A national disability charity has issued a warning to disabled people across the country to take steps to protect expensive mobility equipment after several thefts have made the headlines.
The Disabled Living Foundation (DLF), points out that mobility equipment is expensive, with a top-of-the-range lightweight wheelchair costing in the region of £2,000 and mobility scooters for road use costing on average £3,000- £5,000, with some up to £8,000.
Chris Shaw, DLF chief executive, said: "Mobility equipment all too often requires a huge investment. Unfortunately unscrupulous individuals will seize the opportunity to take anything of value and an unsecured wheelchair or scooter is no exception.
"Stolen wheelchairs and scooters often make the headlines. Not only are the thieves taking a valuable item of equipment, but they are also taking away the independence of the person. Often there is no other way of getting around.
"Heavier motorised scooters are more difficult to bring indoors and so, where possible, we advise owners to invest in a lock-up shed to improve security. Above all, insurance should be taken out for valuable mobility aids and there are a number of companies specialising in such cover.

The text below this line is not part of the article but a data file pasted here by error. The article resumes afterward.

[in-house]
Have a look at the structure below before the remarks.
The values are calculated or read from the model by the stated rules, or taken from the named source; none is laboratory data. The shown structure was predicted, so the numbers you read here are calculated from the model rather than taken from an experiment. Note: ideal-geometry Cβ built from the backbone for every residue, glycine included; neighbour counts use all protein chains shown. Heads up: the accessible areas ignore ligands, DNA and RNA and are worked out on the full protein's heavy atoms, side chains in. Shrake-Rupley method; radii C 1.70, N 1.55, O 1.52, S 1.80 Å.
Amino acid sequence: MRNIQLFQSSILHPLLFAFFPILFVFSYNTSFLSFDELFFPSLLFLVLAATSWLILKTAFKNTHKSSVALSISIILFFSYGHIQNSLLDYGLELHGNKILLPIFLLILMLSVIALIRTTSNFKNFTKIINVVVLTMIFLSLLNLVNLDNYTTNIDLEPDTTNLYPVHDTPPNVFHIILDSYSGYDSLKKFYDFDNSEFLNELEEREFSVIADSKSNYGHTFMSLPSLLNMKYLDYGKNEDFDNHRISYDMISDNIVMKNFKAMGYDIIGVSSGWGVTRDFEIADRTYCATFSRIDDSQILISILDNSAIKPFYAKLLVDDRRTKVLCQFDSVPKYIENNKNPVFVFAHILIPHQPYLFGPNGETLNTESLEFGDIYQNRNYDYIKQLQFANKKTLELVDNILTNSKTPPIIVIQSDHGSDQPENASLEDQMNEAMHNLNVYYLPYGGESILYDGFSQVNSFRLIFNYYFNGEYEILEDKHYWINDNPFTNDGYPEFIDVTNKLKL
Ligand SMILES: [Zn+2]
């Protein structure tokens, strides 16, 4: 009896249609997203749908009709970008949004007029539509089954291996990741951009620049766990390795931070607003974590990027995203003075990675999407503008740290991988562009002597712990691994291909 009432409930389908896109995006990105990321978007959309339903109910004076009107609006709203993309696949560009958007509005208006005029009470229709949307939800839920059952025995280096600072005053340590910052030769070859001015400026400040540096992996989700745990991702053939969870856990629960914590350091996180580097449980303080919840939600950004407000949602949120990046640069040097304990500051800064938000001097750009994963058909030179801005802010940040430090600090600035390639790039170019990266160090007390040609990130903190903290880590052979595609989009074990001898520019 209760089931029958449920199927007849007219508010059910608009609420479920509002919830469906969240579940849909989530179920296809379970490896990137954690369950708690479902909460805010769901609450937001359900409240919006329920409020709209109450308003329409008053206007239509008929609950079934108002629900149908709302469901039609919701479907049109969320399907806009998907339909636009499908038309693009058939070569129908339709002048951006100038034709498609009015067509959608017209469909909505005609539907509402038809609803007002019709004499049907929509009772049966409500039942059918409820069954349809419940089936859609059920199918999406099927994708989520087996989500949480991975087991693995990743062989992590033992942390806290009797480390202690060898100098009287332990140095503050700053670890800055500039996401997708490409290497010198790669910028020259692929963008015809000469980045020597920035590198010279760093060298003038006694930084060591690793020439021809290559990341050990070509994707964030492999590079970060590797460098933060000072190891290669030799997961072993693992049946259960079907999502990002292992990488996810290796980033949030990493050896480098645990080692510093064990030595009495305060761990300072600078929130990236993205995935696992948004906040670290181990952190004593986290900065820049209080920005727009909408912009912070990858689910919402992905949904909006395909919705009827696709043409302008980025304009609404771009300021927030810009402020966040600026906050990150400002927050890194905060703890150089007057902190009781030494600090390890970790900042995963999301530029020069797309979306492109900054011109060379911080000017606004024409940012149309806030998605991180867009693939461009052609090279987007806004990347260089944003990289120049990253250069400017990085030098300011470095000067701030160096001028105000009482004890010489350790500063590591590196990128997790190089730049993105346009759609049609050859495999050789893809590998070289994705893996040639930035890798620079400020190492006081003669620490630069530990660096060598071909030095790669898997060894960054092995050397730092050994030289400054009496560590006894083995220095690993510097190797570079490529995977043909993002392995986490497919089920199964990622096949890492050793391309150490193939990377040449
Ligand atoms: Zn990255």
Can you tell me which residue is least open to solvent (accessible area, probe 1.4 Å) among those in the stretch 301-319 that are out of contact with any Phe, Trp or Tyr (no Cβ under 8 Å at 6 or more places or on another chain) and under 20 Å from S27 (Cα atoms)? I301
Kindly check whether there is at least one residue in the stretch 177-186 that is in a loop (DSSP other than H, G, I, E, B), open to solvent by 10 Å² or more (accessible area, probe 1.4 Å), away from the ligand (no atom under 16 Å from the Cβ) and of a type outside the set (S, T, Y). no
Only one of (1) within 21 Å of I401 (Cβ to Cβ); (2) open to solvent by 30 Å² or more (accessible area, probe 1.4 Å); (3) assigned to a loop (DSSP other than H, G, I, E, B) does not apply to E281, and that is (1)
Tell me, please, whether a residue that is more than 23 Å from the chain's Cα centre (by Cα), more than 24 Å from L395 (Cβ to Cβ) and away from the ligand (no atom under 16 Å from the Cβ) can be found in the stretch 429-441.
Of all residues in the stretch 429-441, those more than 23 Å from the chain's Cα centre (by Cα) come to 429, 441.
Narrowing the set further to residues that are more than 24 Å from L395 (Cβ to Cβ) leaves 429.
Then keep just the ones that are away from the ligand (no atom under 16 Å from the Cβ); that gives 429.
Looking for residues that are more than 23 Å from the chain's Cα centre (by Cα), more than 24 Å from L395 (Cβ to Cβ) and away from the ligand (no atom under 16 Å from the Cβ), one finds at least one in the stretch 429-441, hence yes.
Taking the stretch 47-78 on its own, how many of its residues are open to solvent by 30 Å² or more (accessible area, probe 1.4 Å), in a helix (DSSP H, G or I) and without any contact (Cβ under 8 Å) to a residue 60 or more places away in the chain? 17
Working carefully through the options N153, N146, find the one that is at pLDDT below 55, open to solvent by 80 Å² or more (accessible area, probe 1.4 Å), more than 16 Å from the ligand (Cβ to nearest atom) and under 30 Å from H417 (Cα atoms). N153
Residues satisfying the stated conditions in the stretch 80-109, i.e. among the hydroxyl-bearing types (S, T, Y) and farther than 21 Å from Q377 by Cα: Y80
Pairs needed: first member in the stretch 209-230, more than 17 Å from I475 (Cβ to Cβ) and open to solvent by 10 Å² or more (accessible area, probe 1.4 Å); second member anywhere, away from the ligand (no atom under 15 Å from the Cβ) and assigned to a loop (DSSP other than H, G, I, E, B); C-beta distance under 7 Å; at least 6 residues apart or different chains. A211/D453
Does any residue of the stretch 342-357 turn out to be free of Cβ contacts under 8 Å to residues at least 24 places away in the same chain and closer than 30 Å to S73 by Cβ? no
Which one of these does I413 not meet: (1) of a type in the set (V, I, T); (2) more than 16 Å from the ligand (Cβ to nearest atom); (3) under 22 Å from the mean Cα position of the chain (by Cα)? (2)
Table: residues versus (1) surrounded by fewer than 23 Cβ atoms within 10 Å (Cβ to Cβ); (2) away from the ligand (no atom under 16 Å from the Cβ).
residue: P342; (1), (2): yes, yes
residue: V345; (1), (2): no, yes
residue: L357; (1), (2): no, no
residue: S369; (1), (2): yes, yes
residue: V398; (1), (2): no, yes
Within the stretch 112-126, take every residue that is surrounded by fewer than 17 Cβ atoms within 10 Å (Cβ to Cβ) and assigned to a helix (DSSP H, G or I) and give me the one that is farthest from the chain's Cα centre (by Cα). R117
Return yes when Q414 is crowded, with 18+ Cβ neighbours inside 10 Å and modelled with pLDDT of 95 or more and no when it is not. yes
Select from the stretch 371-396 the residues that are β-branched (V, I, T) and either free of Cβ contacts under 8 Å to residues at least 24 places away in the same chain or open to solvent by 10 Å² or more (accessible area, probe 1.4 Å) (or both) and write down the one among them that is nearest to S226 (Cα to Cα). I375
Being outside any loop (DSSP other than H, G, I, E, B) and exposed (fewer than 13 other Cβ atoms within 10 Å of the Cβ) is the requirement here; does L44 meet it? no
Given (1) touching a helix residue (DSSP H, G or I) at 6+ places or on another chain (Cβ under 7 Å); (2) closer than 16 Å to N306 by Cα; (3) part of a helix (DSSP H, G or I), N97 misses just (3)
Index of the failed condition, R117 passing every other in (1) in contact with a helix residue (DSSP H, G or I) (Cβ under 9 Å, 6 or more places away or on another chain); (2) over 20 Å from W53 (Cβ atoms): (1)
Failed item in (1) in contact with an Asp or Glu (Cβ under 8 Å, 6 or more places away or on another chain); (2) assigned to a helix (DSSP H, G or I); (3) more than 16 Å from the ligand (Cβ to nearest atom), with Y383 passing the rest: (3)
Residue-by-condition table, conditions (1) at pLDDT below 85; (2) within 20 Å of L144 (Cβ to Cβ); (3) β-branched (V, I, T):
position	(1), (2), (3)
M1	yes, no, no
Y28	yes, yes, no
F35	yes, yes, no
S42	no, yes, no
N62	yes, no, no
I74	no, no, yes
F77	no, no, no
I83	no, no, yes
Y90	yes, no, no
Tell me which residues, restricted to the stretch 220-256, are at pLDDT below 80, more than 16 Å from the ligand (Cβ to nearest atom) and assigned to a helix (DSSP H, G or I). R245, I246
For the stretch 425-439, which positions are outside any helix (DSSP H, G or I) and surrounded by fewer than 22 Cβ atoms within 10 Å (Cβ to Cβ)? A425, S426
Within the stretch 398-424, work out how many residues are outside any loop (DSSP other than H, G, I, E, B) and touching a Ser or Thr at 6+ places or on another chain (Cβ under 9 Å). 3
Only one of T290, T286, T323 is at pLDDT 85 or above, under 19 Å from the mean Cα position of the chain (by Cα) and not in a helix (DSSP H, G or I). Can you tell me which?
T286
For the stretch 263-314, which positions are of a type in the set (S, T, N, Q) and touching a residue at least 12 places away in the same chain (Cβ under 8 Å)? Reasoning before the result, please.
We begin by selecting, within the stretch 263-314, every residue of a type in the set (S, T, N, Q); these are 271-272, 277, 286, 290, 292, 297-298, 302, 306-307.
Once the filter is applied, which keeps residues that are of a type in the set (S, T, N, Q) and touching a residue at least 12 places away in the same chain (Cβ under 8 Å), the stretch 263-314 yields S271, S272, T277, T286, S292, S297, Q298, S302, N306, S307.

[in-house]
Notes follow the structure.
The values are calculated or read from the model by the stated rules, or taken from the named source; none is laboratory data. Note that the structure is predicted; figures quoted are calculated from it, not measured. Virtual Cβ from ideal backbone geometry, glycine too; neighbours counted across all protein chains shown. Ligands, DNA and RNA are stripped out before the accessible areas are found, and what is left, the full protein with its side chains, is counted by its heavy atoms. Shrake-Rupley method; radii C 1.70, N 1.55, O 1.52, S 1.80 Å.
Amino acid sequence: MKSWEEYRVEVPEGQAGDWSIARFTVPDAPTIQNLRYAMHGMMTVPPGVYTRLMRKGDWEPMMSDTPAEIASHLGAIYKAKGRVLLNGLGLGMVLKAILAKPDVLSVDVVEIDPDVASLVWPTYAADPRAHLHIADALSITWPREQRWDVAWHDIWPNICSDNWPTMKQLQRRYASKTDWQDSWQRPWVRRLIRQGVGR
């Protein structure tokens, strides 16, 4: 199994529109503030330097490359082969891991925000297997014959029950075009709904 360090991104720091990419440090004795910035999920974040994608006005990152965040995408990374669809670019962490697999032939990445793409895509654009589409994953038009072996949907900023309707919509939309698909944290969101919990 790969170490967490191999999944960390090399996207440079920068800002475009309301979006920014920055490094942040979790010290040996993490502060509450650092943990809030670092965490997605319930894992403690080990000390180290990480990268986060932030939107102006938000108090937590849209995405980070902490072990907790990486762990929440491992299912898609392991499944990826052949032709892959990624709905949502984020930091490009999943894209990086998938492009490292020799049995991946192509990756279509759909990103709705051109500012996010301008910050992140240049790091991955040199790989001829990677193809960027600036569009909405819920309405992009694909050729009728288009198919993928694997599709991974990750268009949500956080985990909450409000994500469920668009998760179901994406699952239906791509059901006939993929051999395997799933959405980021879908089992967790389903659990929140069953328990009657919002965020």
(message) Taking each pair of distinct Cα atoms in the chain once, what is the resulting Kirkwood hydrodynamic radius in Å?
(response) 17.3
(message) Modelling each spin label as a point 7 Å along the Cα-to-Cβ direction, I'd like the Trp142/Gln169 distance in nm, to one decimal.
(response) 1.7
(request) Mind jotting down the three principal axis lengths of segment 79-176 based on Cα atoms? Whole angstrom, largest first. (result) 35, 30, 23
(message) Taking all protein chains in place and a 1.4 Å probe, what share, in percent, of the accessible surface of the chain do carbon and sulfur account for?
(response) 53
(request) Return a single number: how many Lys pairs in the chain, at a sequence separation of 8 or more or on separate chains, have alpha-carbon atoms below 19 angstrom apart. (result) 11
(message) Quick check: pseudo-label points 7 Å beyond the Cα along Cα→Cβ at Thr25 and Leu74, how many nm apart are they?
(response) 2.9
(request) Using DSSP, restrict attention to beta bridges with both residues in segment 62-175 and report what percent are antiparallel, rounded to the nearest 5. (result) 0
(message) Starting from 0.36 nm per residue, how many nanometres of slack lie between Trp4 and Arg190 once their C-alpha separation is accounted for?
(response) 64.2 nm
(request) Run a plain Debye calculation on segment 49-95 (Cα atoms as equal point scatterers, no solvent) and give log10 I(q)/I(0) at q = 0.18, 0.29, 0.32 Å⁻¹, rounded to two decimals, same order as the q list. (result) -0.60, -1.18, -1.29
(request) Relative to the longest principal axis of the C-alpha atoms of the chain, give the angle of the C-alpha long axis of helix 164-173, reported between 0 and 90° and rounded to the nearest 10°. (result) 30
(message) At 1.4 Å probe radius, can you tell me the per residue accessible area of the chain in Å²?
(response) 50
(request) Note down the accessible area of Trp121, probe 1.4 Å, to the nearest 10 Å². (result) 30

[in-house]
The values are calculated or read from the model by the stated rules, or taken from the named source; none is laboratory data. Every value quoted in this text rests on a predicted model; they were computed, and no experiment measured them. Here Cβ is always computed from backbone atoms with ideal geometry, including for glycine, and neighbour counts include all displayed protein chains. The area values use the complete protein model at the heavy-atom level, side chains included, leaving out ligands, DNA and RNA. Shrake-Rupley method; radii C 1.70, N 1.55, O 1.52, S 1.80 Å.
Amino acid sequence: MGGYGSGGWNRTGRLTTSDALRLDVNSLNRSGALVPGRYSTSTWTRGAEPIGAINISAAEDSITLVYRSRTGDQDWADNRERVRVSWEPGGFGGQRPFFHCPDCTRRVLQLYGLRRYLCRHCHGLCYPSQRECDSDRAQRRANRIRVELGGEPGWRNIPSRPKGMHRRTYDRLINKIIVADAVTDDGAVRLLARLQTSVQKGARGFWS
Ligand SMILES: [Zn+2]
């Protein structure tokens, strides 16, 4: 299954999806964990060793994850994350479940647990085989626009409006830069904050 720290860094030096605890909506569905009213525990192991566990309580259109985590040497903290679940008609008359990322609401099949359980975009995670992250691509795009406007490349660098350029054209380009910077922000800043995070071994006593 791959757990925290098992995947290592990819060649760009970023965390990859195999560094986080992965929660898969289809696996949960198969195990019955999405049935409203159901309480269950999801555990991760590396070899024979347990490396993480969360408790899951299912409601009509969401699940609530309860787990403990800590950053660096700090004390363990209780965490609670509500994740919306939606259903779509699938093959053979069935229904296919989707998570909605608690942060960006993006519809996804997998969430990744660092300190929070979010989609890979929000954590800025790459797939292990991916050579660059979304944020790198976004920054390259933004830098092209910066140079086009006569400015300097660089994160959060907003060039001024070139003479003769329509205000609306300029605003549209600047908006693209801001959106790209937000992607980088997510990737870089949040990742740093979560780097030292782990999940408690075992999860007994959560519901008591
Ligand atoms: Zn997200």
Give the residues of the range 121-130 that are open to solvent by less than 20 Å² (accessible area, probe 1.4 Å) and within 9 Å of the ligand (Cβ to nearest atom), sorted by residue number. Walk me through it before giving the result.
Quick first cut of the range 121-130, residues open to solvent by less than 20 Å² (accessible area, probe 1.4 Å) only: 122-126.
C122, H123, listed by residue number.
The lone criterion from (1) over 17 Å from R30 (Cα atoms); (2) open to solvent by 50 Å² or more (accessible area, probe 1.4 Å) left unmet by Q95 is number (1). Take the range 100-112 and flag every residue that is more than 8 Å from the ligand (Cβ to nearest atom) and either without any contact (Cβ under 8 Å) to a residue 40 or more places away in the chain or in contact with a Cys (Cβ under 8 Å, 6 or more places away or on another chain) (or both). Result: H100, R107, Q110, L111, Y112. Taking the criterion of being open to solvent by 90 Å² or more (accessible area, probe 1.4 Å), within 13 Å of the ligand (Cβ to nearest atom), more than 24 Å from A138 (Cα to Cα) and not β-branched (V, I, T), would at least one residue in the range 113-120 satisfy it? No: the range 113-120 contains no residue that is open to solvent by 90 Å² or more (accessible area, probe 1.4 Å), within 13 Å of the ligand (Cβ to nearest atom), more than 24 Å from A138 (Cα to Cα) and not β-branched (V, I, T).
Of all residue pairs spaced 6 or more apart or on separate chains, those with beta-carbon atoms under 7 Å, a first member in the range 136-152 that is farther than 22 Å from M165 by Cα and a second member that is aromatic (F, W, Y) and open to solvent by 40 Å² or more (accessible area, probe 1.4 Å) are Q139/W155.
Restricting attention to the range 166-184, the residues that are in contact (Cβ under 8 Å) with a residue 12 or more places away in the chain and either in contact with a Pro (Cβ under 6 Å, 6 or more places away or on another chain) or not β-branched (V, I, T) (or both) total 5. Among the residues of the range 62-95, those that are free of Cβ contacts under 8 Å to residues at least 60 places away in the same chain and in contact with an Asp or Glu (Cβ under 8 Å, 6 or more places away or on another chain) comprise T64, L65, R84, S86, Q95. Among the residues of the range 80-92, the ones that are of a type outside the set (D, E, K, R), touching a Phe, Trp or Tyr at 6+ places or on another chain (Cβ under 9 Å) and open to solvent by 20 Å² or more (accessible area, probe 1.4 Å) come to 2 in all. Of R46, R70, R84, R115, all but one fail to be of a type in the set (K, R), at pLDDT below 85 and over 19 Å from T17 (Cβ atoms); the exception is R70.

"We recommend that older and disabled people and their carers take a few simple steps to improve the security of their wheelchairs and scooters to prevent or at least deter any would-be-thief and protect themselves from a loss which can have a huge impact on the quality of their life."
Ms Shaw issued the warning following a news today that a disabled student from Hampshire had his motorised chair stolen from outside his sister's house in Portsmouth. John Febvre, 18, from Waterlooville, who has cerebral palsy, said: "I need the wheelchair because that's how I get to college." He cannot afford to replace the chair, which was uninsured.
DLF offers advice on security products and suitable insurance schemes. For more information call the DLF Helpline on 0845 130 9177, Mon-Fri, 10am-4pm or email firstname.lastname@example.org
Community Newswire, 21st May 2009